Wendy Willbanks Wiesner, Partnerships for Affordable Cohousing
While it has been arguably necessary, it is also unfortunate that cohousing projects are most often sold to appraisers and banks as nothing less--and nothing more--than a condominium.
You’ve cut costs and squeezed expenses, and your appraisal is still a barrier to getting a loan. It’s looking like there’s nothing left to do short of axing the common house. Without a common house, is it still going to be cohousing? At the same time, the clubhouses in new condo developments have pop-your- eyeballs-out expensive light fixtures, state-of-the-art humongous TV (or TV’s), and the latest in celebrity-endorsed exercise equipment. It’s pretty obvious that they’ve spent some money! What’s the rub?
First of all, appraisers have learned to value condo amenities--including the clubhouse--from a status and vanity perspective. What is most important is whether the eye candy will push someone over the line from rent to buy. Common appraiser wisdom has led to an expectation that condo amenities had better be high falutin' and fancy to justify the viability of the entire development. Whether these amenities are useful (or not) isn’t the central question, and there’s actually a perverse incentive to make clubhouses less than utilitarian. Like today’s dedicated (and most often empty) dining rooms, clubhouses look most pristine and pretty when nobody ever uses them. In markets where vacancy rates are especially low, seeking maximum marginal rent has led to a veritable amenities arms race, which has put pressure on condo developers to try and keep up.
Imagine a common house conceived with such pretentiousness in mind! Unlike a clubhouse, a common house is both a social and economic asset, rather than a sunk cost related to marketing; as such, there are vast differences between them in design, use, purpose and practicality. Nevertheless, when clarity is lacking the whole thing just doesn’t look right relative to a space aspiring to be something akin to the lobby of a fancy hotel.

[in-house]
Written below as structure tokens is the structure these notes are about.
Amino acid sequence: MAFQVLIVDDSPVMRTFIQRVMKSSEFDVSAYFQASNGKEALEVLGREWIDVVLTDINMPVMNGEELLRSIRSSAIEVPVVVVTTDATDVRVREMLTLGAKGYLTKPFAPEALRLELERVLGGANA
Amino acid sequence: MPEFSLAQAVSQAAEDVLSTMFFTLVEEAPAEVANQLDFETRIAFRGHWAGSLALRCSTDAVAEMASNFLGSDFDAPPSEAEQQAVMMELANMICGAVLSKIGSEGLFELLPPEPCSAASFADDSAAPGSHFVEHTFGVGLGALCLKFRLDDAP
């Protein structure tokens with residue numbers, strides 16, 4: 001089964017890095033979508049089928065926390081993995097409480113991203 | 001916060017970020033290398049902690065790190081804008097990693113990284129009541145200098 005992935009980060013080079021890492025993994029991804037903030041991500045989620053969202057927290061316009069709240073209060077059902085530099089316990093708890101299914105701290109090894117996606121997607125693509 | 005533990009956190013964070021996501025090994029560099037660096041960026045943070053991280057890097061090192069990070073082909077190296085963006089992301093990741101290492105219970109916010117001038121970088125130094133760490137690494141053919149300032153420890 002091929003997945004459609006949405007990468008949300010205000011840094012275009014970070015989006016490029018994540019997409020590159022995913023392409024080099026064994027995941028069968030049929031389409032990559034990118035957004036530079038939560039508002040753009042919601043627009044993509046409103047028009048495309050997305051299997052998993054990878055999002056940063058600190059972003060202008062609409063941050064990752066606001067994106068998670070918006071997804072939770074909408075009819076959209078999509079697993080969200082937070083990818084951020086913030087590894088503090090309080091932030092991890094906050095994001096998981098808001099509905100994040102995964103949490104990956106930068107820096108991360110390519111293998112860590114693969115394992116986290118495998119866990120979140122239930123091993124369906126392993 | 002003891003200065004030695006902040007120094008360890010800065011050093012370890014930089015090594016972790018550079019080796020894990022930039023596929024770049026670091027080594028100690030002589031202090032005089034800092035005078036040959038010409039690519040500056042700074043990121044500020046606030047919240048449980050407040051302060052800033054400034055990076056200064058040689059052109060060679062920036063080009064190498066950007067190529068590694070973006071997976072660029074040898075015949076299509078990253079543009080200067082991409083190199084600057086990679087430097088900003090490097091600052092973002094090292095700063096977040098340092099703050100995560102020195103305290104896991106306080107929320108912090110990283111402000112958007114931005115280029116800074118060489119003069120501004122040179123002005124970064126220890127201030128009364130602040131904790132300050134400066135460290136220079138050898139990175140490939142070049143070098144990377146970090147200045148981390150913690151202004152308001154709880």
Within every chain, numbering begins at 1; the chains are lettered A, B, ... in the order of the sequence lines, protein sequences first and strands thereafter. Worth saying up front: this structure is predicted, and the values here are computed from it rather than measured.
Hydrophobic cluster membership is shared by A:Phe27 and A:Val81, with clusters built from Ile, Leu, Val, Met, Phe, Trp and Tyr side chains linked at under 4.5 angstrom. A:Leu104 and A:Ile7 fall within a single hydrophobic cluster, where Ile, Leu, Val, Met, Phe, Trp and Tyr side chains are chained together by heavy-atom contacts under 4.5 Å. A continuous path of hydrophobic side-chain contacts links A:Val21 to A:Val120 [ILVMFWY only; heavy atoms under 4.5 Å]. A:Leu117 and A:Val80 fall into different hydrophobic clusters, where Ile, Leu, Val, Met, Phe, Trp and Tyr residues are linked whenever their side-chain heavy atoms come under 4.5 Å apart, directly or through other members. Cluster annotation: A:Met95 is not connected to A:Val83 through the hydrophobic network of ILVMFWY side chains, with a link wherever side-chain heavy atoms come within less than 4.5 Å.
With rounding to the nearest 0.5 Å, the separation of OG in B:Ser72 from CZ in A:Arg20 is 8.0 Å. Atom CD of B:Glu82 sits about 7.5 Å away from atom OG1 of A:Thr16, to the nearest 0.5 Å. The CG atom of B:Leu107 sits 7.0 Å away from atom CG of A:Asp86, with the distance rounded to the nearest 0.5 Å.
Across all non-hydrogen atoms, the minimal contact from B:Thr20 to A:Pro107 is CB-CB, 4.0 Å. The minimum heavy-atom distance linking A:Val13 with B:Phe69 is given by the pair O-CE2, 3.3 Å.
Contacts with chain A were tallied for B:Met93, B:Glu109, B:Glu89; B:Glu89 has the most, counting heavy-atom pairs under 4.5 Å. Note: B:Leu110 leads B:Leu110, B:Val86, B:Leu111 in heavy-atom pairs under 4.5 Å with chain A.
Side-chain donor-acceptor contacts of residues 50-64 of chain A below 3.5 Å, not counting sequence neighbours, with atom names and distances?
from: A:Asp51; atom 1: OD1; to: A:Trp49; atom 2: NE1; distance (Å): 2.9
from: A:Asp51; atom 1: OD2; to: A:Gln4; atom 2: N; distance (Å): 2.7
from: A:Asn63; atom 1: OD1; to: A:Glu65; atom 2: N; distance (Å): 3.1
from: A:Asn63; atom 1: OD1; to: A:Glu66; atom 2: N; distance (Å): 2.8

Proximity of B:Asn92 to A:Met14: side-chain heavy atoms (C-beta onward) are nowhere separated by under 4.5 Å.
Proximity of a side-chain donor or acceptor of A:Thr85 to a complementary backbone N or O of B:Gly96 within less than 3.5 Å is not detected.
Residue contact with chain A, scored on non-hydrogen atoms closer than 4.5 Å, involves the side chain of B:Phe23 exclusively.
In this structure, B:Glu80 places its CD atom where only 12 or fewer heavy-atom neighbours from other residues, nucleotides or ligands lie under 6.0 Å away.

While it has been arguably necessary, it is also unfortunate that cohousing projects are most often sold to appraisers and banks as nothing less--and nothing more--than a condominium. These worries about raising red flags translate into valuation of the common house using the same assumptions that color appraisals of condo amenities.
Maybe these assumptions are no longer even relevant. Do most people today even want amenities that are largely about conspicuous consumption and the show? It is very possible we’re all a little less shallow since 2008, and if so, the blanket keep-up-with-the-Jones assumptions have actually become a bias. While the value placed upon having the most-est of anything requires some re- examination--if we are to keep believing that there is universal veracity in this economics precept--we can in fact be assured that a majority of people actually value what they have the least of today, and that’s time.
Simply relating the contributions of the common house in reducing the time (and expense) of feeding ourselves--including the acquisition, planning, preparation, cooking, and all clean up associated with food--we are able to see how the common house radiantly uniquely shines! The marginal utility that the common house provides goes well beyond food of course, where its’ presence makes sharing resources, equipment, information, knowledge, and wherewithal patently natural. The freeing-up of time that the common house enables gives us greater opportunity to actually participate in our own lives and in the lives of the ones we love, the presence of which is positively correlated with our health and well- being. From a societal perspective, having the time to participate in civic and community life, including everything from parent teacher meetings to a gathering of the Park People, makes the our lives more stable and secure, and that’s good for everyone.
Already, appraisers and banks can see how access to transit provides similar time and cost saving effects that are beneficial for individuals, families, communities and society. It is actually true that in Denver, CO (where I live) that proximity to transit can add up to a 30% premium in residential valuations!
When will we be ready to take the leap and give appraisers and banks the opportunity to value common houses across the country fairly, correctly, reasonably, and for their true asset value? Stay tuned for why very soon may be the perfect time to take the leap and be proud to say it’s not just a condominium, it’s cohousing...more coming.